Demographers predict that high population growth rate will leave 77 million Kenyans hungry by 2030. Concern over the population’s effect on the economy is also shared by many economists. The reason being that as the economic growth increases by about one per cent yearly, population is growing at a rate of three per cent.
Peter Nyakwara, director of technical service at the National Council for Population and Development says to be in a healthy position economic growth needs to outpace population growth.
This will allow the government to plan and put in place structures for investing in human capital, he added. Nyakwara said although land is a crucial element in food security, high population growth has led to it being degraded because of encroachment. “Land is a crucial element in food security. Pressure has been put on land by a huge population.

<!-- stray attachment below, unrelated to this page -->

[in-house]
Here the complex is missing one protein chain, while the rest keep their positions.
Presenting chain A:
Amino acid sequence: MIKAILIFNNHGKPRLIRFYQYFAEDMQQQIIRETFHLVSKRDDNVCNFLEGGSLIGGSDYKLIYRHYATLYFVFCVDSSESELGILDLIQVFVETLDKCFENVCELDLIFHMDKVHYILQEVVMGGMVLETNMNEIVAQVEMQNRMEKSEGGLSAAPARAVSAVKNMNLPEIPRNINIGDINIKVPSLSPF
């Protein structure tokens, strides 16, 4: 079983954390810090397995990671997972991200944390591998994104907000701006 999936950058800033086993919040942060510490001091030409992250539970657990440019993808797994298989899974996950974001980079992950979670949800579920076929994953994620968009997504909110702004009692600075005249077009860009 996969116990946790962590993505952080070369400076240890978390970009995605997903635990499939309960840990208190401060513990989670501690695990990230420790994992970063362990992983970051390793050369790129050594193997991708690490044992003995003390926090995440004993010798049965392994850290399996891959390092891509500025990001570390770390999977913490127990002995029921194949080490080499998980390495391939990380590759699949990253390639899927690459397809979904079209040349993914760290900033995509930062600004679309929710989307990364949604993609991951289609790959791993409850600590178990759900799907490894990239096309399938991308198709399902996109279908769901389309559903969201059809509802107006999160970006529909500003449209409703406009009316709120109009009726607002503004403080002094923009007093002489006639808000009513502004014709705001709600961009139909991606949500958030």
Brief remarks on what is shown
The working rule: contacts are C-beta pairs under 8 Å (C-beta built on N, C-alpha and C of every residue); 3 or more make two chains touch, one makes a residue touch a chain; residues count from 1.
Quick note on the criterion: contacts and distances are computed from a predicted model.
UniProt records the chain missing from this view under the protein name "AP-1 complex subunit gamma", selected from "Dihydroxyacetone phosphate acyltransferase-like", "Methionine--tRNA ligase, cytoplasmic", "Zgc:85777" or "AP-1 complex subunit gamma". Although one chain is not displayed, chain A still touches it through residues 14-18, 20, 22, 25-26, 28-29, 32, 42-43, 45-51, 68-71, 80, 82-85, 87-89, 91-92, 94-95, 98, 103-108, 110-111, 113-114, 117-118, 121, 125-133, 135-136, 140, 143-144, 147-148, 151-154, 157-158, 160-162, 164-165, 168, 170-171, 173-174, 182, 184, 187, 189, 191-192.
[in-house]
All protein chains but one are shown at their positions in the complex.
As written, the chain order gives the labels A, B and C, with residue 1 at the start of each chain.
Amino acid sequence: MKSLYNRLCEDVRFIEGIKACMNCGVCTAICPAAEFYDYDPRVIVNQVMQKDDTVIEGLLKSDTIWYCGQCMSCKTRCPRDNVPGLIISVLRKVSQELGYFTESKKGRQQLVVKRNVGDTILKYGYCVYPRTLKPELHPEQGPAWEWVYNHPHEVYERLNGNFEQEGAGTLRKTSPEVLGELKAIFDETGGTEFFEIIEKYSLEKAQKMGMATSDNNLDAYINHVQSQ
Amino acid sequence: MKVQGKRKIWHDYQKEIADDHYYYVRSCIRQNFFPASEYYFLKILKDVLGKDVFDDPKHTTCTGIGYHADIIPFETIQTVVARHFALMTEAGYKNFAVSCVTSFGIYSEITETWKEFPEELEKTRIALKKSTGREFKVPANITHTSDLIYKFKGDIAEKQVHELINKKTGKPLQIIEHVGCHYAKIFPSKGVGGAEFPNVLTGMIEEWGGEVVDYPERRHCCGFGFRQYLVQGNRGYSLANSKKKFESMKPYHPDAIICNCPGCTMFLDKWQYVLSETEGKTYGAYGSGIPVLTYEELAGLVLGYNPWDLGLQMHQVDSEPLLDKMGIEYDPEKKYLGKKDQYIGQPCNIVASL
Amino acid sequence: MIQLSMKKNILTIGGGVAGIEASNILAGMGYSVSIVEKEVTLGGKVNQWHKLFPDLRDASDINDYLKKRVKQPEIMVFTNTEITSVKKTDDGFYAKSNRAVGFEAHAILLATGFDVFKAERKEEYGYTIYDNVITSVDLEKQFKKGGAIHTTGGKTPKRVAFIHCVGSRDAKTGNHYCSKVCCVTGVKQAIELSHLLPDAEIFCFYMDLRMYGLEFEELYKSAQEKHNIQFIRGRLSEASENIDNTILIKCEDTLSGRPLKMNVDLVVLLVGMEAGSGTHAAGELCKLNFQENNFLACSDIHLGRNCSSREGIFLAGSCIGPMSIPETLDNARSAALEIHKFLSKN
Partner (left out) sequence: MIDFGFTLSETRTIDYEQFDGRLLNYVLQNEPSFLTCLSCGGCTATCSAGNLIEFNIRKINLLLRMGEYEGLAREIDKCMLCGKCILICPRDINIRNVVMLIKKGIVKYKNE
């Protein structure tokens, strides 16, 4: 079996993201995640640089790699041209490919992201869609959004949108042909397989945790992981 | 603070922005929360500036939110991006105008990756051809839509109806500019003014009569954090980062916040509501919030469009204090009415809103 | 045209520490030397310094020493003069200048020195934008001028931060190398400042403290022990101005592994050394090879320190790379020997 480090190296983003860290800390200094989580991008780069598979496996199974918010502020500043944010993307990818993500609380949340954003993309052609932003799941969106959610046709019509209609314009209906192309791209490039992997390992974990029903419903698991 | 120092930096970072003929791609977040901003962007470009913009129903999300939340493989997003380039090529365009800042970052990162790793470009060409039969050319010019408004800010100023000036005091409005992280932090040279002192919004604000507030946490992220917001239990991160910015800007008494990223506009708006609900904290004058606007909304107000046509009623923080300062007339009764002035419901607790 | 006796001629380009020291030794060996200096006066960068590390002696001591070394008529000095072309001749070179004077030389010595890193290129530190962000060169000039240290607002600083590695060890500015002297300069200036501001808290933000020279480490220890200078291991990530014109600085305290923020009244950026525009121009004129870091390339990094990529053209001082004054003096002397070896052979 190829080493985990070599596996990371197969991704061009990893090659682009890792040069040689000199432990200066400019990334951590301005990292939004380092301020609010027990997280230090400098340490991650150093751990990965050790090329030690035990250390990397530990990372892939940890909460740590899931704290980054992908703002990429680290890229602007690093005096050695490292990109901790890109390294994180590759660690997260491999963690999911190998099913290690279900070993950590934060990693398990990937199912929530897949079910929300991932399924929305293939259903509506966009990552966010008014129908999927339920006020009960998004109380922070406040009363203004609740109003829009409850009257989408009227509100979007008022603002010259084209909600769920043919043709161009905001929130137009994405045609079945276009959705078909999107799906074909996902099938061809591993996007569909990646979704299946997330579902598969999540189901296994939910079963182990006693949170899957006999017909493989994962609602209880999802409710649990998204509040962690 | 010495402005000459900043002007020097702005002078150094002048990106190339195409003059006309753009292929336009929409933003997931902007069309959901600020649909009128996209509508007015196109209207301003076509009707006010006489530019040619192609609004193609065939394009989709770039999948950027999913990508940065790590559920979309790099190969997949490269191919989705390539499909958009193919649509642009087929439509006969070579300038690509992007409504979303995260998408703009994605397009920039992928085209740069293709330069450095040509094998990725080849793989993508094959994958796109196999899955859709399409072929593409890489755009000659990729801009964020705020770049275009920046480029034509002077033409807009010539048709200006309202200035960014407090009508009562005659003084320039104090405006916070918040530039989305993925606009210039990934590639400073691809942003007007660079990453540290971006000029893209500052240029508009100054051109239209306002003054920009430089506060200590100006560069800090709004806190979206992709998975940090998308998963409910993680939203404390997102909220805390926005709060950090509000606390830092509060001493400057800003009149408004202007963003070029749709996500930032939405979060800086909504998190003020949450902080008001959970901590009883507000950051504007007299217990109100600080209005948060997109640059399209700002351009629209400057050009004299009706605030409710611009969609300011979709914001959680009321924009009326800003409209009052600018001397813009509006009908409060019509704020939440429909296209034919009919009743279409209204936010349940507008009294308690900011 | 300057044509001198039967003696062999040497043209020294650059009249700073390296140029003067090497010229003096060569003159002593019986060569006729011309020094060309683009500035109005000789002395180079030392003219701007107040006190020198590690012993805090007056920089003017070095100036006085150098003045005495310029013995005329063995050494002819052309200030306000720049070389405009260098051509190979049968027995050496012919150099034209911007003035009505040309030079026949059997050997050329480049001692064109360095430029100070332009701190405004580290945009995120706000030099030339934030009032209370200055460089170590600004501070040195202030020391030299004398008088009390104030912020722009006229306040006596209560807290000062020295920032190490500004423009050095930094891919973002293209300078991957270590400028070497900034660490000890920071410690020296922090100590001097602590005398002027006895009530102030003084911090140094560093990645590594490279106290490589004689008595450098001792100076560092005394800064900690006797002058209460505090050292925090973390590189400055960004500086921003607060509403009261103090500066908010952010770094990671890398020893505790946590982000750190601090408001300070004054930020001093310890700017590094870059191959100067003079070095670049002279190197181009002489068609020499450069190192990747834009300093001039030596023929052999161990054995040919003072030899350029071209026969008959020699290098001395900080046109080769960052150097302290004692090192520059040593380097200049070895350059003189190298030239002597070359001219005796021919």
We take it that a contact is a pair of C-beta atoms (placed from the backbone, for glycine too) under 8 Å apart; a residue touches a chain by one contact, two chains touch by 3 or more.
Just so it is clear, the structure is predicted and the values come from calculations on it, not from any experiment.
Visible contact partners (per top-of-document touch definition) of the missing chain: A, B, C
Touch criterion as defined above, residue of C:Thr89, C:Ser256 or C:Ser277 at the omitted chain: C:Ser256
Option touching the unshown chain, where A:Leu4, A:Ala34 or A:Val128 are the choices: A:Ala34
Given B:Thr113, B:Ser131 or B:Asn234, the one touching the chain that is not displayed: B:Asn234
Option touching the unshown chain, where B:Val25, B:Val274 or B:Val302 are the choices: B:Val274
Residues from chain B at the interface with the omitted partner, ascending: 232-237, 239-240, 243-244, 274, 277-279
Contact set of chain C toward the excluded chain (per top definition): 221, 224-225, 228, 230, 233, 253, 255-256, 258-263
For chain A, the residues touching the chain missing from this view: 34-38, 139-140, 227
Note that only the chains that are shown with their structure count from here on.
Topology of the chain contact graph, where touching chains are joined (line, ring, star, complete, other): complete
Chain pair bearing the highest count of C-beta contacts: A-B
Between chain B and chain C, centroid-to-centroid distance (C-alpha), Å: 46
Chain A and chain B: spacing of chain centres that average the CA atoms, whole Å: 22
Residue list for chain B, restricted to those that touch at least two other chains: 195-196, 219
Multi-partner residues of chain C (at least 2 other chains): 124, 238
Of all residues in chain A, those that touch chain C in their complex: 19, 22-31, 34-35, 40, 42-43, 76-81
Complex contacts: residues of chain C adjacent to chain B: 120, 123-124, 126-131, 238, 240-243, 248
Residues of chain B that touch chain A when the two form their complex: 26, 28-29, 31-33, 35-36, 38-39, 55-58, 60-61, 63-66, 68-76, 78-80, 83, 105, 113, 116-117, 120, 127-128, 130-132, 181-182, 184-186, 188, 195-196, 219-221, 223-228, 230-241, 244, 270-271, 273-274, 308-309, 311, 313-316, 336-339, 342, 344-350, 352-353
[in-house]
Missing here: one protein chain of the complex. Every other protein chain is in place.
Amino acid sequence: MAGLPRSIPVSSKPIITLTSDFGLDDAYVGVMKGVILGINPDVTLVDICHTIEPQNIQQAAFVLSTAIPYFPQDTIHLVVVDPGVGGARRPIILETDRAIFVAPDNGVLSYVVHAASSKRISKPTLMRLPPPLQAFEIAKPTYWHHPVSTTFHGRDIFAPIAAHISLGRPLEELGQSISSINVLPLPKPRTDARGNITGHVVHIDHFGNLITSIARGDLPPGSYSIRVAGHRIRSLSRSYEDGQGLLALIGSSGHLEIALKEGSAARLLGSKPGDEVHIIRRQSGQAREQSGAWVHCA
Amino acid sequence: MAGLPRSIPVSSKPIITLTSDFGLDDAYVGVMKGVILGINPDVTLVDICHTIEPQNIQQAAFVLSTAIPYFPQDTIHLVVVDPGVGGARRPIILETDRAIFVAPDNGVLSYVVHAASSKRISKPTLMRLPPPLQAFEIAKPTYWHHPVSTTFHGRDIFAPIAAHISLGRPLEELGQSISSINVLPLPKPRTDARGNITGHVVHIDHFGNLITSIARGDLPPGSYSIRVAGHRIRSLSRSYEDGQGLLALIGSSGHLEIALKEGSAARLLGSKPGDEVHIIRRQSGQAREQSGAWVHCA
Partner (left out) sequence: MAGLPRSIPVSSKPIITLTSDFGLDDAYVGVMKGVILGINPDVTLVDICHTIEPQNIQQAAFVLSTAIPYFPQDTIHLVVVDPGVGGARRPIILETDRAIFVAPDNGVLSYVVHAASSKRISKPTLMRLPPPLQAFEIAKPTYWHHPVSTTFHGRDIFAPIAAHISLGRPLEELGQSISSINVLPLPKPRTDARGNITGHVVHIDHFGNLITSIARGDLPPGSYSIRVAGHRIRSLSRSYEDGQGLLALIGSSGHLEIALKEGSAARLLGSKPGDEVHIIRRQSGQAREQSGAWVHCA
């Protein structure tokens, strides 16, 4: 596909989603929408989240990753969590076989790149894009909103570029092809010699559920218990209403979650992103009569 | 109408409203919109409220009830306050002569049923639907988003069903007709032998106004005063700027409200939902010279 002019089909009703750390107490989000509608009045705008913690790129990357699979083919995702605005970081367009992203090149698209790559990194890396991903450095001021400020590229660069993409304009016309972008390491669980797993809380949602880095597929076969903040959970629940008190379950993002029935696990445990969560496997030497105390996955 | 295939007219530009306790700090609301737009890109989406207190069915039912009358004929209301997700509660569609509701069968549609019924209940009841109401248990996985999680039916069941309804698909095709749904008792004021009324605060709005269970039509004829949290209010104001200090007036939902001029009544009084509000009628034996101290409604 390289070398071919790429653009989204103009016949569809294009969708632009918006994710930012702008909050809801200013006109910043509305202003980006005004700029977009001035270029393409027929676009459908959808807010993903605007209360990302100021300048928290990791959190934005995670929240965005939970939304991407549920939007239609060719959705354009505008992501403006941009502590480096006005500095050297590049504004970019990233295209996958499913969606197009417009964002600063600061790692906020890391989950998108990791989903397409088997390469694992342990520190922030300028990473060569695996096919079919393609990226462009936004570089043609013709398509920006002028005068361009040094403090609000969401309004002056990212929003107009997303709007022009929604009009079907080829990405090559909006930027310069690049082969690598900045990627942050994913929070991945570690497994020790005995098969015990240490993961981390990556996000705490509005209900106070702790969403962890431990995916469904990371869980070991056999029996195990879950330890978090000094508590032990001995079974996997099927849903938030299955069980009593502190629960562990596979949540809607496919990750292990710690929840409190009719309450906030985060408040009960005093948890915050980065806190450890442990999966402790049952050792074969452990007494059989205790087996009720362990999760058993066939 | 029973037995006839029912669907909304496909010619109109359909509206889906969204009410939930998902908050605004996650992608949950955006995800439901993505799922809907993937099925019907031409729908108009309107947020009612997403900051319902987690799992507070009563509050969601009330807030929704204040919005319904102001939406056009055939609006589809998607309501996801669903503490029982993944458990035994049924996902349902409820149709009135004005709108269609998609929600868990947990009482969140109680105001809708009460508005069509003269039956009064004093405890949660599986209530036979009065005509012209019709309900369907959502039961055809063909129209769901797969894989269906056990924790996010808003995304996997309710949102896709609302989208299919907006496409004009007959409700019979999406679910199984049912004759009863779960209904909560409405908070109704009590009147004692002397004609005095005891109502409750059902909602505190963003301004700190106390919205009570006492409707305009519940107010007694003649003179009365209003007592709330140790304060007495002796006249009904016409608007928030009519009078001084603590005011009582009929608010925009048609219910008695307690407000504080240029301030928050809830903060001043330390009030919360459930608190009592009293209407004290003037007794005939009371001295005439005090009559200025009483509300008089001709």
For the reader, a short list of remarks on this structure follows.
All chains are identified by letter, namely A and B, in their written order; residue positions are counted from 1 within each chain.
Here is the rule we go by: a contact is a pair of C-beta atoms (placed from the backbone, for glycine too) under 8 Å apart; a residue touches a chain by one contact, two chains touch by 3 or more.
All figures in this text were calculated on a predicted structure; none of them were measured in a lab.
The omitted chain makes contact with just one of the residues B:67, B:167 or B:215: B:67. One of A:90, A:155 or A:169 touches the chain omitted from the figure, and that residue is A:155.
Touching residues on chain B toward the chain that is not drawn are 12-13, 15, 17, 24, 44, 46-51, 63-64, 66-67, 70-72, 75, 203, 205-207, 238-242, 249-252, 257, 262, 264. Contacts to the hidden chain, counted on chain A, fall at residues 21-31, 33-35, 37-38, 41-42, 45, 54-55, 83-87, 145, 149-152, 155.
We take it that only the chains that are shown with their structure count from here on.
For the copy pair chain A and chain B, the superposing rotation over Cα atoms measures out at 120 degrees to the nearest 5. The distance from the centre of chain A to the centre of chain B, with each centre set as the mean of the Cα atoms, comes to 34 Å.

This contributes to a decline in agricultural productivity,” he explained. Official estimates point to over 10 million people that are currently food insecure, and with no access to the right amounts and quality.
Kenya’s population is projected to increase by 1,269,299 people this year to reach 49,167,382 in the beginning of next year. United Nations Population Fund country representative, Dr Ademola Olajide traces fast growth to traditions where many children are still seen as a source of wealth by parents for dowry and household labour as well as social security for parents at old age with a woman giving birth to a dozen children.